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The short answer is yes, different wood species have distinguishable sound characteristics, influencing the tone of an electric guitar.

Individual vibro-acoustic characteristics are mainly due to different densities of wood types. Moisture content also determines the tone colour changes.

For accurate testing, it is important to have the solid wood body properly connected to ensure that the guitar functions as a mechanically bound system under tension as the instrument is intended (e.g. bolt on or neck through build).

Also see Fender tech response on the question: https://www.fender.com/articles/tech-talk/do-different-woods-affect-your-electric-guitar-tone

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    $\begingroup$ Hi and welcome to physics.SE! Please note that you must clearly disclose any affiliations to things you link in your answer, and that any self-promotion should be clearly relevant to answering the question. In this case, linking "rotone" was not, since there was nothing at the link target that related to the effect of wood on the tone specifically. $\endgroup$ – ACuriousMind Jul 23 '19 at 18:15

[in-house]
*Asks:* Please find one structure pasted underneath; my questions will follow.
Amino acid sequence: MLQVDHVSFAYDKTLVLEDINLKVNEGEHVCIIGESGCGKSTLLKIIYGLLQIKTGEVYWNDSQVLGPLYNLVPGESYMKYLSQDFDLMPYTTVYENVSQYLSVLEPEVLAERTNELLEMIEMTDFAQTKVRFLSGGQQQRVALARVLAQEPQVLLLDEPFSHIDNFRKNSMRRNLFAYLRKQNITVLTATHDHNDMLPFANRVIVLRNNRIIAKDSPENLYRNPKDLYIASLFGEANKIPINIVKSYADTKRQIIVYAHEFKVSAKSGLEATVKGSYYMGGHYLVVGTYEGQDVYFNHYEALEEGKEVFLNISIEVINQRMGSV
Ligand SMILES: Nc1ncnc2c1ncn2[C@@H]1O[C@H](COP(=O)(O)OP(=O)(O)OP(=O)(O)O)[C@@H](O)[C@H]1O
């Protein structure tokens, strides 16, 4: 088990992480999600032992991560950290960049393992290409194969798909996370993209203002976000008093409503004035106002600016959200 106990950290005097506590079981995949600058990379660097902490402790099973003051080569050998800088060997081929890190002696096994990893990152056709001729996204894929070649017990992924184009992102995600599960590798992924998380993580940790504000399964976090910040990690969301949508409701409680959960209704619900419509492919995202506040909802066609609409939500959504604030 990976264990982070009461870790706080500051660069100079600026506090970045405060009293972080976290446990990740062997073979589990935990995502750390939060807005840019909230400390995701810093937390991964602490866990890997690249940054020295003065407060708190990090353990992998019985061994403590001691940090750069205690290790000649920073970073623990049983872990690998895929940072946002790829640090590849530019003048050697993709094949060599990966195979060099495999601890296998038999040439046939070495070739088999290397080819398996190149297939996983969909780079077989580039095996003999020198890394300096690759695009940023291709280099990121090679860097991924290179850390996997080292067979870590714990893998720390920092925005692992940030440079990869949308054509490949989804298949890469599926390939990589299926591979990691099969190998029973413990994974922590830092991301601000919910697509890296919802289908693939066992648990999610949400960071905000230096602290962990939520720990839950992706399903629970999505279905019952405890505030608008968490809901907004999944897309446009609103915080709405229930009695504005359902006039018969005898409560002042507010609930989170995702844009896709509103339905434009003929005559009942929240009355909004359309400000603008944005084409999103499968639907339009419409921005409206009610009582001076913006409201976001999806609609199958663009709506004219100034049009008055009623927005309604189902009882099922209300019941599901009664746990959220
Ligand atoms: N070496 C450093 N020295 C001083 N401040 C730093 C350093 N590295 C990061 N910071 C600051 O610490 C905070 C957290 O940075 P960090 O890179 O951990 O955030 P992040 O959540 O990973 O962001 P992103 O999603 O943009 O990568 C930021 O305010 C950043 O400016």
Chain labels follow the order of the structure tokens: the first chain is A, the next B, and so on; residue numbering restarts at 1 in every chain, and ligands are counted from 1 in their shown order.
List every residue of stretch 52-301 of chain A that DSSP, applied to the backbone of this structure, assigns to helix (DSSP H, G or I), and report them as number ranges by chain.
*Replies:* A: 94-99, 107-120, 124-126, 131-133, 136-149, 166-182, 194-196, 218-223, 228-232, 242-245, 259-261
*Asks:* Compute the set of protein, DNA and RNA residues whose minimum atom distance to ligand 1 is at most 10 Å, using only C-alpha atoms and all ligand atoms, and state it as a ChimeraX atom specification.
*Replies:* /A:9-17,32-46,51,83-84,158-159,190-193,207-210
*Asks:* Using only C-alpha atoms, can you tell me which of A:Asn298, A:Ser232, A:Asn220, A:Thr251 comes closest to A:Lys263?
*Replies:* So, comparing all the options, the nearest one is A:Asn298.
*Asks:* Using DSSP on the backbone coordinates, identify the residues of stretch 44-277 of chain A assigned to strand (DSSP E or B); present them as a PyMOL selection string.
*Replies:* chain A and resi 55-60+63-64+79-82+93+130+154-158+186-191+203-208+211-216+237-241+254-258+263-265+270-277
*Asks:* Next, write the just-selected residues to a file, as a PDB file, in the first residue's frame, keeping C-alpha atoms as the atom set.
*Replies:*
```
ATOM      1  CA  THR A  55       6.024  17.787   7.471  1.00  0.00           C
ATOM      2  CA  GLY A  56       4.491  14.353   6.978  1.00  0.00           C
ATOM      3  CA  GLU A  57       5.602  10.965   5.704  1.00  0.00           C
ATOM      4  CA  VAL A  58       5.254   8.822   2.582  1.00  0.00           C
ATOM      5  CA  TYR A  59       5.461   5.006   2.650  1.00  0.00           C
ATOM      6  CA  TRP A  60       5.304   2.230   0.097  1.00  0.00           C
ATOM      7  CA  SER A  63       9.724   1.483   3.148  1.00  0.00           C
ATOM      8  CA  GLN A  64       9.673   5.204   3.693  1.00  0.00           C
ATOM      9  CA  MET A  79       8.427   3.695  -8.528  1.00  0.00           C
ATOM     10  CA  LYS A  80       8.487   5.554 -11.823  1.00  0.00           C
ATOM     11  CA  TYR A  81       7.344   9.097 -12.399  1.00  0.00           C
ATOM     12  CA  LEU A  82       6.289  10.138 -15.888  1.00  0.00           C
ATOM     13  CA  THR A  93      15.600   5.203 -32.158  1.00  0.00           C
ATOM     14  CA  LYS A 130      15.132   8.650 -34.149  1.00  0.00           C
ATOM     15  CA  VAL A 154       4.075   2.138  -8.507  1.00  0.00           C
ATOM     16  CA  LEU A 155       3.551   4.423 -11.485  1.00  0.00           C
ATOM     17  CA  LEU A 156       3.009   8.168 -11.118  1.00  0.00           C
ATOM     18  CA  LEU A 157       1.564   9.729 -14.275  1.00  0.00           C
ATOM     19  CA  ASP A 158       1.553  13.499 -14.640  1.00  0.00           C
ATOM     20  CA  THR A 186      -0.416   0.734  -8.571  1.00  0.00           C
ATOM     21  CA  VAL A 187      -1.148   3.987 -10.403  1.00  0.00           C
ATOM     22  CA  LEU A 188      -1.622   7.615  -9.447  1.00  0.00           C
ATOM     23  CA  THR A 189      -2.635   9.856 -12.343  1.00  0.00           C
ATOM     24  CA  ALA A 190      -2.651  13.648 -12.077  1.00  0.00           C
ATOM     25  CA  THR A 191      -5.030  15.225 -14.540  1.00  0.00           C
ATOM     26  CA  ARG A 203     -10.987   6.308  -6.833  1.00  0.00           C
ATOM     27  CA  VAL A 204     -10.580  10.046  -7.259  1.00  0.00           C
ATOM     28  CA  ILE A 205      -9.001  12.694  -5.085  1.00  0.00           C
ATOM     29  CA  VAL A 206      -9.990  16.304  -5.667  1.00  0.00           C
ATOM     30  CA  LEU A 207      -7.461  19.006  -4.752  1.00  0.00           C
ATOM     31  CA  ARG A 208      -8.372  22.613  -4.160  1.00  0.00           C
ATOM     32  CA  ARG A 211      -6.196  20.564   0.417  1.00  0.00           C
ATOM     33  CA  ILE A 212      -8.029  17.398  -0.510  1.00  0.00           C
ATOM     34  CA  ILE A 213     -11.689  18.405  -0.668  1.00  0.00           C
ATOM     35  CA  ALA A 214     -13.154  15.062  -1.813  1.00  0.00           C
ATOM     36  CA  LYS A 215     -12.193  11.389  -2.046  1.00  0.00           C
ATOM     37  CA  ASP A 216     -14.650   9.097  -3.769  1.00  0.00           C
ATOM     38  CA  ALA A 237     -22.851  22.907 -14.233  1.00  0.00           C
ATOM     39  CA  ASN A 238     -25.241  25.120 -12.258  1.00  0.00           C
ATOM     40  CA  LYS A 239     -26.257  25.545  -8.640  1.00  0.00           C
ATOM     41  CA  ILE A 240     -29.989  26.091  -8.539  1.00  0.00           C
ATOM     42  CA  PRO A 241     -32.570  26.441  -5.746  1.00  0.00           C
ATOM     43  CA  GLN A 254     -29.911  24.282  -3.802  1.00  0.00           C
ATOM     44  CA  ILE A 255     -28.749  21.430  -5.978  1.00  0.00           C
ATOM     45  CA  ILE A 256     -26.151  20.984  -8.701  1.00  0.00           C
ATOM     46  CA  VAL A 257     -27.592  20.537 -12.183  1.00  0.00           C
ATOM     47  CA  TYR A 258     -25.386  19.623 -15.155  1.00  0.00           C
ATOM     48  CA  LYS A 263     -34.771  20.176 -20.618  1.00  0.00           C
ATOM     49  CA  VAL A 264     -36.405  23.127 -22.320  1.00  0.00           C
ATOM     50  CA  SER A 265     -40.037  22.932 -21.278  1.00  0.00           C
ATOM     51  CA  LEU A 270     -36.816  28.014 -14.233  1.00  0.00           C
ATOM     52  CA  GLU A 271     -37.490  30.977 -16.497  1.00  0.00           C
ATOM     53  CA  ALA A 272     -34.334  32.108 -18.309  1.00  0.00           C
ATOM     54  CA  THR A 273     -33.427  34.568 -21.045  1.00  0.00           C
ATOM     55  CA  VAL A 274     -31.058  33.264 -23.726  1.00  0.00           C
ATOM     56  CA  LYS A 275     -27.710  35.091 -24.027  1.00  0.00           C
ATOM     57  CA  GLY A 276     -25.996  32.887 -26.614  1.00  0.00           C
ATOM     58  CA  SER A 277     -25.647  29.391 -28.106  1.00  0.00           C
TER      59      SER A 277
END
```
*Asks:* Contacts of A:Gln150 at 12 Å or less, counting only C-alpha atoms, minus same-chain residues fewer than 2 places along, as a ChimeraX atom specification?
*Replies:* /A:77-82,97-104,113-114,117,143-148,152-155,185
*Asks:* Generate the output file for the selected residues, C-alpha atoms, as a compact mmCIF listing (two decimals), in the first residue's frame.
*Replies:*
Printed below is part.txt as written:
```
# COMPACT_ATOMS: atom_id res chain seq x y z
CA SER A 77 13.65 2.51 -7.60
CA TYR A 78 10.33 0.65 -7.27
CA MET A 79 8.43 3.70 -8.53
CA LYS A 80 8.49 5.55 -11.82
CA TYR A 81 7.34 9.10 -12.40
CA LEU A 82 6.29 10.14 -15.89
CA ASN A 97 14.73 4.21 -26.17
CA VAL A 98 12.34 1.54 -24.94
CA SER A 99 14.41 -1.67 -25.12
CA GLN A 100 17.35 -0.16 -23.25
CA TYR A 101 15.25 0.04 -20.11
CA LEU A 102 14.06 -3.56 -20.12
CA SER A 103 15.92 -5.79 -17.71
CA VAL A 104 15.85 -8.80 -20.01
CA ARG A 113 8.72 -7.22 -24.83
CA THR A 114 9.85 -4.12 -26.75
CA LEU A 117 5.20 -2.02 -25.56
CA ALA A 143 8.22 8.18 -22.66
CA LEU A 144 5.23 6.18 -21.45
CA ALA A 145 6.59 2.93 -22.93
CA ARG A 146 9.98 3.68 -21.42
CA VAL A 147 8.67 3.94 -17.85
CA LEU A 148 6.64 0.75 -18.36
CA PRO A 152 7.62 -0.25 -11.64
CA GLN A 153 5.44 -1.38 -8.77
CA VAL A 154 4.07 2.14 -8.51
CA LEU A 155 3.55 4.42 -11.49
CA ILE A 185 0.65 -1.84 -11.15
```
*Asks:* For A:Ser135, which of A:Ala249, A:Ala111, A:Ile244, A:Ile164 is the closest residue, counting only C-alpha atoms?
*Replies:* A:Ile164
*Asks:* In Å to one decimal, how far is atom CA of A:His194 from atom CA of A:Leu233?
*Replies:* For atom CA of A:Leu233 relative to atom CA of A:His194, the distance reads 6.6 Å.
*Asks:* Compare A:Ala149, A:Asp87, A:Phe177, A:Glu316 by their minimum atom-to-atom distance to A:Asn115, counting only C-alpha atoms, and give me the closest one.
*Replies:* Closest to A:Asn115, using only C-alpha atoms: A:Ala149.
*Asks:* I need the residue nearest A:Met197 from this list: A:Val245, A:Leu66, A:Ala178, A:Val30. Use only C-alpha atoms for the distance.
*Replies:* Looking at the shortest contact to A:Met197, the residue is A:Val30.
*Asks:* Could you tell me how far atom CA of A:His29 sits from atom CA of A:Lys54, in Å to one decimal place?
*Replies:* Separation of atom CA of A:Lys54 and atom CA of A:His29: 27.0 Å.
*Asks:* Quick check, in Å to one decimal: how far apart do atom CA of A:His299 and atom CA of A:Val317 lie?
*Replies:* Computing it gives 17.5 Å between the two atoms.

• $\begingroup$ Thank you ACuriousMind for your comments. The information and link removed were perhaps relevant if considered in relation to the debate on wood influence for electric guitars tone. It has been acknowledged that a stringed instrument played regularly develops a better tone and resonance which is true for ''wood'' rather than other possible materials. Wood is a material of biological origin with unique mechanical properties and self-transformation behavioural capacity. $\endgroup$ – rotone Jul 23 '19 at 22:02